The point mapped is actually the address of Angell Hall. Angell Hall is an academic building at the University of Michigan in Ann Arbor. It was previously connected to the University Hall building, which was replaced by Mason Hall and Haven Hall. Angell Hall is named in honor of James Burrill Angell, who was the University's president from 1871-1909. http://en.wikipedia.org/wiki/Angell_Hall University Hall North wing (Mason Hall) built in 1840, South wing (South College) built in 1848, Central wing built in 1871.
Architect for 1871 project: E. S. Jenison of Chicago
Cost to build: $133,023.13
Net floor area: 76,632 sq. ft.
Main wing: four stories with basement and loft
North and south wings: four stories and loft
Original dome removed and new dome installed in 1896
Demolished in 1950 http://bentley.umich.edu/exhibits/campus_tour/university.php
December 12, 1884
Images located by Susan Wineberg, courtesy of the University of Michigan. Clips are from the Ann Arbor Courier, October 29, 1884, December 3, 1884, and December 10, 1884
The following review is from "The Northwestern", published every other Friday by the students of The Northwestern University,
"Northwestern: Date 12-19-1884, Page 2;
Evanston, Illinois (copyright NewsBank 2011)
The Academy says that Mr. George W. Cable shares with Nathaniel Hawthorne, Mrs. Harriet Beecher Stowe, and Mr. Bret Harte, the distinction of striking out a vein of indigenous American fiction, which is no mere provincial copying of English literature, as the major part of American fiction, which has not already copied these three, has hitherto shown itself to be. Mr. Cable and Mark Twain seem to be making a marked success of their new joint-combination venture, the author of Creole Days providing the sober, and pathetic, and acting as a safety-valve for the exuberant humor of his companion. All selections are taken from the works of the lecturers. A week ago to-night they succeeded in entertaining an audience of three thousand at University Hall, Ann Arbor. It is reported that the audience not only greeted the lecturers, but slapped them on the back, as it were, so enthusiastic was its cordiality. The students generally, of whom the audience was largely composed, abandoned themselves to the most thunderous laughter every time Twain appeared on the stage; staid members of the University Faculty, who always maintained a twenty degrees below zero countenance in the classroom, laughed till they were out of breath; law professors, wrapped up in ponderous legal volumes, and who have not been known to smile in twenty-one years, fairly rolled off their seats from laughter at every point Twain made. Even a couple of Japanese students, who, although having a fair command of English, could not readily see the incongruities of Twain's remarks, felt in duty bound to join in the general feeling, and undoubtedly did their best, although several times they broke forth in the wrong place to the astonishment of those about them. Mr. Cable gave several selections from Dr. Sevier, and sung in a fine tenor voice two Creole songs. He was well received, but Mark's famous whistling story, and his wierd[sic] unearthly “Who-o-o-o's got my go-o-o-o-old-en arm?” with its unexpected denouement brought down the house.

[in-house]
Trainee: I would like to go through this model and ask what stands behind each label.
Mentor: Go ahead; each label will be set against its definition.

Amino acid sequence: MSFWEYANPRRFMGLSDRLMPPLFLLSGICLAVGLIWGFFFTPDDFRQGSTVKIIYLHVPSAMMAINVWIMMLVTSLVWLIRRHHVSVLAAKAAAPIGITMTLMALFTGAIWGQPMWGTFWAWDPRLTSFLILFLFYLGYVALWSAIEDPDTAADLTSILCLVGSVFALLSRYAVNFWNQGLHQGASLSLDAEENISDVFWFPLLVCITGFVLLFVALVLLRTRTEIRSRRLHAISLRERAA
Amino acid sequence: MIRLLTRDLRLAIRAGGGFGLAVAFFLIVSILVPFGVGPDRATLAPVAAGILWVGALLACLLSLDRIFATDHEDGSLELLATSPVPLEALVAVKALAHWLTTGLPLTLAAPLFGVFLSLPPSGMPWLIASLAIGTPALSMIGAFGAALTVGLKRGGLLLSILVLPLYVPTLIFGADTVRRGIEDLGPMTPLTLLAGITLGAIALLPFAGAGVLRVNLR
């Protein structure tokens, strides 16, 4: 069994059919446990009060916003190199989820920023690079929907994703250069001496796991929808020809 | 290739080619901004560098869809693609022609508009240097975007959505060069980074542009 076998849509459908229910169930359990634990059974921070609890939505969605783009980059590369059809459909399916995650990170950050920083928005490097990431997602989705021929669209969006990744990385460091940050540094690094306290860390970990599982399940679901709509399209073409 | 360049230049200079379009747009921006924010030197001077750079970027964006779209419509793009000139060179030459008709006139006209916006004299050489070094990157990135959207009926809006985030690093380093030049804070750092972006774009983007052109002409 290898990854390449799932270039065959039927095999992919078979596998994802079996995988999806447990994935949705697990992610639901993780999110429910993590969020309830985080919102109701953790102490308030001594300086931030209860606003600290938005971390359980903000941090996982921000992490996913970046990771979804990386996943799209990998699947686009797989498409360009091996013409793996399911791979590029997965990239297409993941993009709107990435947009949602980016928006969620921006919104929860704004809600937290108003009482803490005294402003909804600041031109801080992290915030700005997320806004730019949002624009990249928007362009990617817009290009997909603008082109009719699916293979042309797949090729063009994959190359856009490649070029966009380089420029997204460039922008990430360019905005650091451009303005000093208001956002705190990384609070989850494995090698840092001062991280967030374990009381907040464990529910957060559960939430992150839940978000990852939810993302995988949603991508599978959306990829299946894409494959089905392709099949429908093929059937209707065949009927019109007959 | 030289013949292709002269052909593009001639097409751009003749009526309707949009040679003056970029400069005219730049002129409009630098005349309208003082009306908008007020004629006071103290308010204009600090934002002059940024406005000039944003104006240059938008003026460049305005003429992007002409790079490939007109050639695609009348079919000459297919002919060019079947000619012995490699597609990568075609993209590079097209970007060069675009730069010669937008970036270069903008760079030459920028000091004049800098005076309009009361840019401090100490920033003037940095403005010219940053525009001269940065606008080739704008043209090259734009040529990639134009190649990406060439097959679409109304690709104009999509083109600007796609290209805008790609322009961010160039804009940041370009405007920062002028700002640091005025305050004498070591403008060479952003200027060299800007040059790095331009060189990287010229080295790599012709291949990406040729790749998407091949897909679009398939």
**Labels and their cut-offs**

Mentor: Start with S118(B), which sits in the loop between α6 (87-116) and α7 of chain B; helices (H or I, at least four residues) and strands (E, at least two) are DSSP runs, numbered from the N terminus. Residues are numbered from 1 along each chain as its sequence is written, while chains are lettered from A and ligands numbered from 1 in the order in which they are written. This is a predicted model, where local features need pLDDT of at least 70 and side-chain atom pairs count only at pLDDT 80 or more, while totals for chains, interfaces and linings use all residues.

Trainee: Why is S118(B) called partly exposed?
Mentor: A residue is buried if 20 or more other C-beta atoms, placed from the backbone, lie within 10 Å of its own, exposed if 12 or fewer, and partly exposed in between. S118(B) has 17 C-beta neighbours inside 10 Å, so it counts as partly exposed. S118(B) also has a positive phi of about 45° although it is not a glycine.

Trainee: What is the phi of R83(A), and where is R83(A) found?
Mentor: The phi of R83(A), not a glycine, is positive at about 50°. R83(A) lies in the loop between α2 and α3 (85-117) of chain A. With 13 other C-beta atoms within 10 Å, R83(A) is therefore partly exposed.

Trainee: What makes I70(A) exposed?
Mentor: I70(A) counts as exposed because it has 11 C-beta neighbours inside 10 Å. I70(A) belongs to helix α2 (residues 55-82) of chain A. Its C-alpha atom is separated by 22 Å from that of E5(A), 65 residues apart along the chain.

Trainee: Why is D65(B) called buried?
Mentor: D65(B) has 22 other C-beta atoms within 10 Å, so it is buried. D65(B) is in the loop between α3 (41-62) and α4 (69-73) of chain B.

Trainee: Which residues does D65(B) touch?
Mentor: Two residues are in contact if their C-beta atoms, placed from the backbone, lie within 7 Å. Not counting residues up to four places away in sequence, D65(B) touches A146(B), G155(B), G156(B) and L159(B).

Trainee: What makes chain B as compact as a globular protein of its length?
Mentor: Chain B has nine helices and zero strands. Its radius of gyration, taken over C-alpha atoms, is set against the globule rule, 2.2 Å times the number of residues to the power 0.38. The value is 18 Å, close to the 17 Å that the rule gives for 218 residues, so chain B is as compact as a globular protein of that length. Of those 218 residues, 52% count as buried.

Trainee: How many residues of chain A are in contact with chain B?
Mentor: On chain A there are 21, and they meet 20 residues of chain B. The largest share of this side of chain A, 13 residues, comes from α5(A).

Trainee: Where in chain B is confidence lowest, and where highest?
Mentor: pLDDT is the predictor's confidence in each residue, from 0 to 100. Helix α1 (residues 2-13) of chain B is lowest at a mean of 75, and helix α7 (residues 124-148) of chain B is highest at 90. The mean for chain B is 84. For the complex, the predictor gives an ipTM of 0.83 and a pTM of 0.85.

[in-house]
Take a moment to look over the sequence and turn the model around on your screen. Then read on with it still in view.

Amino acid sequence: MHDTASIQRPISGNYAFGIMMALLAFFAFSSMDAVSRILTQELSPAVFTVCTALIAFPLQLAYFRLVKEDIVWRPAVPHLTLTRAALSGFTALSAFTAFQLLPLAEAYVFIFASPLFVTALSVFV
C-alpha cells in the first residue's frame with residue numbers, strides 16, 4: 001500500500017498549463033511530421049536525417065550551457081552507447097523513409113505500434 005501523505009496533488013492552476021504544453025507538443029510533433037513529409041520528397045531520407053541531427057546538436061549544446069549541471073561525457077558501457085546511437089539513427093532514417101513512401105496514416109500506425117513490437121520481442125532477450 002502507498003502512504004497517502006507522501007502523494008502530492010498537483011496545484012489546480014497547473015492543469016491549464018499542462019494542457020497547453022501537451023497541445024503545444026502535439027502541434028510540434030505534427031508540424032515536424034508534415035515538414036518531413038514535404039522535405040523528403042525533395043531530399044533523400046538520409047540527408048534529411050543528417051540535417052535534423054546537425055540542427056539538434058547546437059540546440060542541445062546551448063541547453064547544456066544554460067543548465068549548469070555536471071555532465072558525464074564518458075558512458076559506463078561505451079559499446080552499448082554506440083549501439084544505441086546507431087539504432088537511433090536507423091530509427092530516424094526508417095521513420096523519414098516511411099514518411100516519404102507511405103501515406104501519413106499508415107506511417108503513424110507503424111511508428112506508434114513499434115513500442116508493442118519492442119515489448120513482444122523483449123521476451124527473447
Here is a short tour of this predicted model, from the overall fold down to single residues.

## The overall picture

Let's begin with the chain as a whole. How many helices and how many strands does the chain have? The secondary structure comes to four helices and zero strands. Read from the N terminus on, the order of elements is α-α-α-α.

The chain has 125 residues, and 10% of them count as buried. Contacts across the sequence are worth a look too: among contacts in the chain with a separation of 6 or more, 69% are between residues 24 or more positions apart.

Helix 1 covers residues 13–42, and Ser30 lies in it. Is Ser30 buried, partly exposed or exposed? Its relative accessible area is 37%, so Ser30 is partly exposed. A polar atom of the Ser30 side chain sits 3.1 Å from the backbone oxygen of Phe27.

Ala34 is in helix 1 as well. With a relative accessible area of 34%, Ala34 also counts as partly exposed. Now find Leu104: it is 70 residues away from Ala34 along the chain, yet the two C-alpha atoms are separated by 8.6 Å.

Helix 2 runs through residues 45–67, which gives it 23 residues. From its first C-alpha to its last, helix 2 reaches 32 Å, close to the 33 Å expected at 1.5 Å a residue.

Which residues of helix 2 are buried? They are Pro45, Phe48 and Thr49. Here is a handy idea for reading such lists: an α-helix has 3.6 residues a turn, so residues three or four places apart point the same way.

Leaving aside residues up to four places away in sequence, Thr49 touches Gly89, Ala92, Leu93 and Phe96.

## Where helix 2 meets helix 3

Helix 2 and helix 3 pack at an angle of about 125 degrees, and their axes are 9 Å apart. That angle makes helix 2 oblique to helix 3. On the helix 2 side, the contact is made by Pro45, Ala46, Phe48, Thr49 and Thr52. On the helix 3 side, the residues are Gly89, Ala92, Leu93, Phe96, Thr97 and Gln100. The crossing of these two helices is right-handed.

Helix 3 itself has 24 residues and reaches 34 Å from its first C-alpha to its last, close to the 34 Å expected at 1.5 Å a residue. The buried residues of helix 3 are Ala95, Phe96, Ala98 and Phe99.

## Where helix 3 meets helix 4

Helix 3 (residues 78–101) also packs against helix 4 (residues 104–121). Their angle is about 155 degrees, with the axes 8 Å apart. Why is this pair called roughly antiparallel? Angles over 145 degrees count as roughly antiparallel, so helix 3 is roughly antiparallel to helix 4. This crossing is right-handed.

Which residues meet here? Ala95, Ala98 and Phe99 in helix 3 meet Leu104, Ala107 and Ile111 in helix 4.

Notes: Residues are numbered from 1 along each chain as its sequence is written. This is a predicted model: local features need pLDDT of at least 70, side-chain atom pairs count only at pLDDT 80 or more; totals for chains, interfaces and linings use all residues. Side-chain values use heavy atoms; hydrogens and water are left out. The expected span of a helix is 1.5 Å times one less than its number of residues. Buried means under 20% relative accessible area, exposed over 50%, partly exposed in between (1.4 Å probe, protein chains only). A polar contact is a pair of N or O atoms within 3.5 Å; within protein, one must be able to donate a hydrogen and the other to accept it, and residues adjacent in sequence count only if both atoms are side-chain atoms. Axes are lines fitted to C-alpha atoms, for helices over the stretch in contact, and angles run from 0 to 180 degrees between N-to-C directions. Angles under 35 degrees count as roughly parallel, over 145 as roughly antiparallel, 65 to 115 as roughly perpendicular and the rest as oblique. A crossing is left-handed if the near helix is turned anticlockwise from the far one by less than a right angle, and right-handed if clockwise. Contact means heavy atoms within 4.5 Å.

The Senior class has this popular combination billed for the evening of January 19 next. Be sure and get your tickets. A limited number of reserved seats is on sale at $1.00 per ticket. Unreserved tickets are to be obtained for 75 cents. A. F. Mathews, Cornell University, '83, is acting manager for Messrs. Twain and Cable.
Courtesy Janet C. Olson
Assistant University Archivist
Northwestern University Library
1970 Campus Drive,
Evanston IL 60208-2300